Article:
Probiotics improve chemo outcomes as much as the new immunotherapies

2015 Research

Research from the University of Chicago has caused a bit of a stir. After all the hype of how the new breed of immunotherapy enhances the performance of existing chemo and add years onto survival times, it would seem there is just as an effective solution – and you can do it yourself, cheaper!

Immunotherapy, for example with melanoma, uses ‘check point inhibitors. These block, the cancer’s ability to hide from the immune system. Drugs like ipilimumab, nivolumab and pembrolizumab are expensive, and work on less than 20 per cent of cases, puzzling scientists. They increased life expectancy from about 5 months for chemo (docetaxel) alone, to 17 months on average in combination.

Now researchers led by Thomas Gajewski, MD, PhD, professor of medicine and pathology at the University of Chicago have shown that certain bacteria enhanced the immune system’s response to a cancer.

Indeed, first they noticed that some mice in the experiment, had a robust immune response to melanoma, while another group from a different supplier had no such response. So they checked and found it was all to do with the bacteria in the mice microbiome. When they then searched for which bacteria delivered the benefit, they were surprised to find it was Bifidobacterium (the bacterium a baby picks up from mum as it passes through the birth canal. This bacterium is known to promote a strong T-cell anti-tumour response. And providing Bifidobacteria enabled a ‘robust immune response’.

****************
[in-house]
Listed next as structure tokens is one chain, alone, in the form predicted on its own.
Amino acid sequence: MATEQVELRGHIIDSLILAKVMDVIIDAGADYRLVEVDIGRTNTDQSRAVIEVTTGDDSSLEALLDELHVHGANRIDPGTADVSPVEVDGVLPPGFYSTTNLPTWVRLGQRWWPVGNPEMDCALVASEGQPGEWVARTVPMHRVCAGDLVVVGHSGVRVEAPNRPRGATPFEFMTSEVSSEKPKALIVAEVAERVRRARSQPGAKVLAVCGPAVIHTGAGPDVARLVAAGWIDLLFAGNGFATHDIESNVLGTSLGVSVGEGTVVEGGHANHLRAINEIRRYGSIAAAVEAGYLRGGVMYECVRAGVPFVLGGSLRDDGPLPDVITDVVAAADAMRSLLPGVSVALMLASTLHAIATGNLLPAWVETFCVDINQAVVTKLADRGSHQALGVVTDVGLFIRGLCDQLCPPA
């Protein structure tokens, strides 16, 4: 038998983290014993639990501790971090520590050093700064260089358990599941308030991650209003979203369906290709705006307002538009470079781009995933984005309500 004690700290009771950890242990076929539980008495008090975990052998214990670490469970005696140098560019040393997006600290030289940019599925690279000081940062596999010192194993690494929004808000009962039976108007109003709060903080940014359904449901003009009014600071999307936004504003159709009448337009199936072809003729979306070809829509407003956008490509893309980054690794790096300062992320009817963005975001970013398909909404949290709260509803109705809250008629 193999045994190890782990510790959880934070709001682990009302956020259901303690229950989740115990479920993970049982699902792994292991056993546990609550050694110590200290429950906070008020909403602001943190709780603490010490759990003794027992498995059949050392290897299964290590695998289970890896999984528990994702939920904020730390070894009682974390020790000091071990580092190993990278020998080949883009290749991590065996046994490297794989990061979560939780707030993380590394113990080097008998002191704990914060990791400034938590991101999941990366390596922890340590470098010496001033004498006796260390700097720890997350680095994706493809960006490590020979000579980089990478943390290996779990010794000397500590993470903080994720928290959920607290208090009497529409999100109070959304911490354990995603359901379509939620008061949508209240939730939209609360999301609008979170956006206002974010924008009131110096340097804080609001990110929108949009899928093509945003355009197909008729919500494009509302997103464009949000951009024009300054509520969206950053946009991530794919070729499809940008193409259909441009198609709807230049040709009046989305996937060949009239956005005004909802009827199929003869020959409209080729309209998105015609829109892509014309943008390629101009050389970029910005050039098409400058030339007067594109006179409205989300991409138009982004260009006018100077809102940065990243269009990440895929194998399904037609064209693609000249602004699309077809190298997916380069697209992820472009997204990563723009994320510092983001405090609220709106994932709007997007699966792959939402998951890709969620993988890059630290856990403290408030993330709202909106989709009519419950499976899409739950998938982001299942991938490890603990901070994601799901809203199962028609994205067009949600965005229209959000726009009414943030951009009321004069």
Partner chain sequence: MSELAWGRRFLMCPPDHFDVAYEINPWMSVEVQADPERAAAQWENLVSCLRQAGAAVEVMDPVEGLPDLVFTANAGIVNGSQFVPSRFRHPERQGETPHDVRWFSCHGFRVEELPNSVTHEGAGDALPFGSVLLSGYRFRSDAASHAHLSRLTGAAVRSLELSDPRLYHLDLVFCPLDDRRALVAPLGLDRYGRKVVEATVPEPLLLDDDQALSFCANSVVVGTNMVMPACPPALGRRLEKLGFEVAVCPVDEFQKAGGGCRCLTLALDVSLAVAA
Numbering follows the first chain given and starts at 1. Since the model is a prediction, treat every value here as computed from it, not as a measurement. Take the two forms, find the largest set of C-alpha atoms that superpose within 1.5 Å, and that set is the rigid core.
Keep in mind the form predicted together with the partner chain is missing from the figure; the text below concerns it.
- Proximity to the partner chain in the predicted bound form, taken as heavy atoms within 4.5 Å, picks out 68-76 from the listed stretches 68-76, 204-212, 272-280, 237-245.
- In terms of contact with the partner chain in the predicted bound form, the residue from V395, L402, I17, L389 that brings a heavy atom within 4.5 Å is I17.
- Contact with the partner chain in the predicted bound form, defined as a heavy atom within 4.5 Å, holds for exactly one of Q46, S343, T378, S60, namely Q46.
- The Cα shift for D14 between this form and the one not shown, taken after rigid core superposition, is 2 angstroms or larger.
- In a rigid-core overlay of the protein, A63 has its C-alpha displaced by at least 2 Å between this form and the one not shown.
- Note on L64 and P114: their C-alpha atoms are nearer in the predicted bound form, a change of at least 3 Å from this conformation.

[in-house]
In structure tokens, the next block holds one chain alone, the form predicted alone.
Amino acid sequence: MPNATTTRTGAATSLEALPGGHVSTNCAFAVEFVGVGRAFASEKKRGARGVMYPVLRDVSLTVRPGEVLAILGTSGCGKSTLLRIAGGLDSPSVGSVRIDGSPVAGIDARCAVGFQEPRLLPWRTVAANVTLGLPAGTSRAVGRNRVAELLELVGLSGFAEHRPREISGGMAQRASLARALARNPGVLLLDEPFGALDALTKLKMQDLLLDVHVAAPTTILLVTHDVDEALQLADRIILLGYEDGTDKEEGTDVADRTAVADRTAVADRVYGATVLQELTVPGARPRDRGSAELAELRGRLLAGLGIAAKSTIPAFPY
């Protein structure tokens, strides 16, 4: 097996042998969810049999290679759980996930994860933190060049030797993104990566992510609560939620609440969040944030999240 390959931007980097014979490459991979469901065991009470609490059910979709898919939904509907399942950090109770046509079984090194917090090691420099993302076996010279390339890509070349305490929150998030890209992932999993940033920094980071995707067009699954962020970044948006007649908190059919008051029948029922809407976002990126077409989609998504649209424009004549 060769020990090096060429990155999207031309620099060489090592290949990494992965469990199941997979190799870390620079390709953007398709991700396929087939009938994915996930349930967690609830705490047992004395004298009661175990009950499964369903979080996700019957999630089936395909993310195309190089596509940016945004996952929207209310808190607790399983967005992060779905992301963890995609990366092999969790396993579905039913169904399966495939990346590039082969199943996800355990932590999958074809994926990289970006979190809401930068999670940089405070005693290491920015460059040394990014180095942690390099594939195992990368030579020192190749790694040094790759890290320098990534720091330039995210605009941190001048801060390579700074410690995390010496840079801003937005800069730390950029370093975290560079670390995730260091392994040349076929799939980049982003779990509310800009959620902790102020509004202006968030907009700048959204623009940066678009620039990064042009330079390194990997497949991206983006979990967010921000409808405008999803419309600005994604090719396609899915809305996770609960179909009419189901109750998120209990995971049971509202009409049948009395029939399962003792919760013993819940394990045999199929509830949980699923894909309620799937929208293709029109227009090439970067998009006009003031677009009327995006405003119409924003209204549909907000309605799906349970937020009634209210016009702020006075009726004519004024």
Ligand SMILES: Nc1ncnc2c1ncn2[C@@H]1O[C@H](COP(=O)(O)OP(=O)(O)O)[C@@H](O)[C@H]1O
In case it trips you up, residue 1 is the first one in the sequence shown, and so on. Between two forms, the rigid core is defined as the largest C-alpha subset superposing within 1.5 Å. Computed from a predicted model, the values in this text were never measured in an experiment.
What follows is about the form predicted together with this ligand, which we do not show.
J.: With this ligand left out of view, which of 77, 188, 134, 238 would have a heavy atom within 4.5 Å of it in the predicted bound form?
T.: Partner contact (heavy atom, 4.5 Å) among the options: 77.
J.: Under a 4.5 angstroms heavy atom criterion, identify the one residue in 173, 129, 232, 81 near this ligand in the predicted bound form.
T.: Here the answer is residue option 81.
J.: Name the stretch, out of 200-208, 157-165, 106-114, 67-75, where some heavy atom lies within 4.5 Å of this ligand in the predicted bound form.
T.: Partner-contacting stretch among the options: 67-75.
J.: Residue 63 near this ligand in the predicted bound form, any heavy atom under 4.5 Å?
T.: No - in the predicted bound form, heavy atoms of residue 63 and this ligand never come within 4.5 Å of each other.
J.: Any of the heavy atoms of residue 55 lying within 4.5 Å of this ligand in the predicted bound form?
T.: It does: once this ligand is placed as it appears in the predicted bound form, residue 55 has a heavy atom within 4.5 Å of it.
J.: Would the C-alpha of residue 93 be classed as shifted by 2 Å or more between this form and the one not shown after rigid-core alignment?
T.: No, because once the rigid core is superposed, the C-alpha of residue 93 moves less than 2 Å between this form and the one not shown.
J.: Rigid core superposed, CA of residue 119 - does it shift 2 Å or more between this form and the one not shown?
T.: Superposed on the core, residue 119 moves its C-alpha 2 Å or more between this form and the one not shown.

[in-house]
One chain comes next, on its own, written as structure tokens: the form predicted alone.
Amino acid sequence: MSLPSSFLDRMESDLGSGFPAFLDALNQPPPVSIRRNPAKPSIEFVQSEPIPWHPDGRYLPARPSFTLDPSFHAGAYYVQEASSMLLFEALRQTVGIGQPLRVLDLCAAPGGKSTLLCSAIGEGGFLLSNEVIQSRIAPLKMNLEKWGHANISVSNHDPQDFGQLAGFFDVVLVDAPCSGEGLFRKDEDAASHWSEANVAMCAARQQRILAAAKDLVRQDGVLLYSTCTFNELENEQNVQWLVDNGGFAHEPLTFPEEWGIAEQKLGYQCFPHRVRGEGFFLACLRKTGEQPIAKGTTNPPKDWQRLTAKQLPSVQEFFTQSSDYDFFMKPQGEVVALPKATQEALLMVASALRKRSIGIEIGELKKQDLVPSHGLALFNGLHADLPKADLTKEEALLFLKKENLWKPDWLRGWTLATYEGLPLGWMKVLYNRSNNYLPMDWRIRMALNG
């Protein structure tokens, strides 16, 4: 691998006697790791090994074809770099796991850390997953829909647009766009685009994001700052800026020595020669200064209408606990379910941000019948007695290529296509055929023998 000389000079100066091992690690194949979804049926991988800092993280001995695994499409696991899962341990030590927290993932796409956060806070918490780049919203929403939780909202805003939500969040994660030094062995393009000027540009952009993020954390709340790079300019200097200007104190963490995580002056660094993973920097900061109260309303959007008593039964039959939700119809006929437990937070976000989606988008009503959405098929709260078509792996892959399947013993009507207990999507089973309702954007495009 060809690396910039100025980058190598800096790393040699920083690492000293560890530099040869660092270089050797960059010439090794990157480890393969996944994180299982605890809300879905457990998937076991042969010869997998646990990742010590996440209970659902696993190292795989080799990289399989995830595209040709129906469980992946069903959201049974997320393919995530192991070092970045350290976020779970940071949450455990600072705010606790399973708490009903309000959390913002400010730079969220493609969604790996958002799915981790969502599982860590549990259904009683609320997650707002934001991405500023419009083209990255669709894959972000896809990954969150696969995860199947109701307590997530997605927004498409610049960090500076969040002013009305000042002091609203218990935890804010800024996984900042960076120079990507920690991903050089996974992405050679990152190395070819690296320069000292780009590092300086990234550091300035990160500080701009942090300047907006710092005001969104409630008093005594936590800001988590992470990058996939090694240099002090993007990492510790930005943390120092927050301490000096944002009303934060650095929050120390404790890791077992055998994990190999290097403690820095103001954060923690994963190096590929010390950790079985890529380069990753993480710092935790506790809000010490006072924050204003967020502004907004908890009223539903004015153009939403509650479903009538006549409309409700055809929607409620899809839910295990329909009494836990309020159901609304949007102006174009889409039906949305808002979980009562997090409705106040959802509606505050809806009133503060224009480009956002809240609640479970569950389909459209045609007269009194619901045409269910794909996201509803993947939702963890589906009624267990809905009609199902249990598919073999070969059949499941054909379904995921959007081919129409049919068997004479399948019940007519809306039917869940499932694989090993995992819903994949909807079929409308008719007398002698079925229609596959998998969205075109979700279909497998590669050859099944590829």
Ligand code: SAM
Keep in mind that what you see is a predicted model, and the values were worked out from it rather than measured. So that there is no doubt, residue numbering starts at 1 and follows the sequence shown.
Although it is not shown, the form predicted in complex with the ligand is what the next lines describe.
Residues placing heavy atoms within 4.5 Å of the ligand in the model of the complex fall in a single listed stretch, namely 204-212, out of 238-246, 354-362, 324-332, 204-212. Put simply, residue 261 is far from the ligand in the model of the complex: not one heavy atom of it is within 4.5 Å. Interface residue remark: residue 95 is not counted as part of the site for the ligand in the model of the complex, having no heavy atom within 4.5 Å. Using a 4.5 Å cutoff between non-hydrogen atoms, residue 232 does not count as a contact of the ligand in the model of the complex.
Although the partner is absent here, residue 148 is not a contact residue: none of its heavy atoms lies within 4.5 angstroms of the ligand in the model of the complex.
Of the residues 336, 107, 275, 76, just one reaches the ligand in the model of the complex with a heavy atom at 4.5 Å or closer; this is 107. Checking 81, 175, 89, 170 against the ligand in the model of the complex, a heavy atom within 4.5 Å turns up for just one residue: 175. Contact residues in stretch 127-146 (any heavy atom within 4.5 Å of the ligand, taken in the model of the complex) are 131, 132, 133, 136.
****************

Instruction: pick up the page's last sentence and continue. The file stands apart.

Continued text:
They are now looking at what others might also deliver this response.
 
Not surprisingly, a second study, this time from the Institut Gustave Roussy in Paris, has found that antibiotics can disrupt the antitumor effects of ipilimumab. The drug needs the gut bacteria to work!

However, restoring the gut microbiome health in antibiotic-treated mice restored the drug’s anti-cancer effects.

Go to: our best selling book, ’Heal your Gut - Heal your Body’

Only recently, in Cancer Watch we covered research that showed the humble small-dose aspirin was shown to also posses the ability to block the blockers and help the immune system ‘see’ and attack the cancer cells.

Who needs expensive drugs?

Ref: 

"Commensal Bifidobacterium promotes anti-tumor immunity and facilitates anti-PD-L1 efficacy," by A.Sivan et al. Science, www.sciencemag.org/lookup/doi/10.1126/science.aac4255


2015 Research
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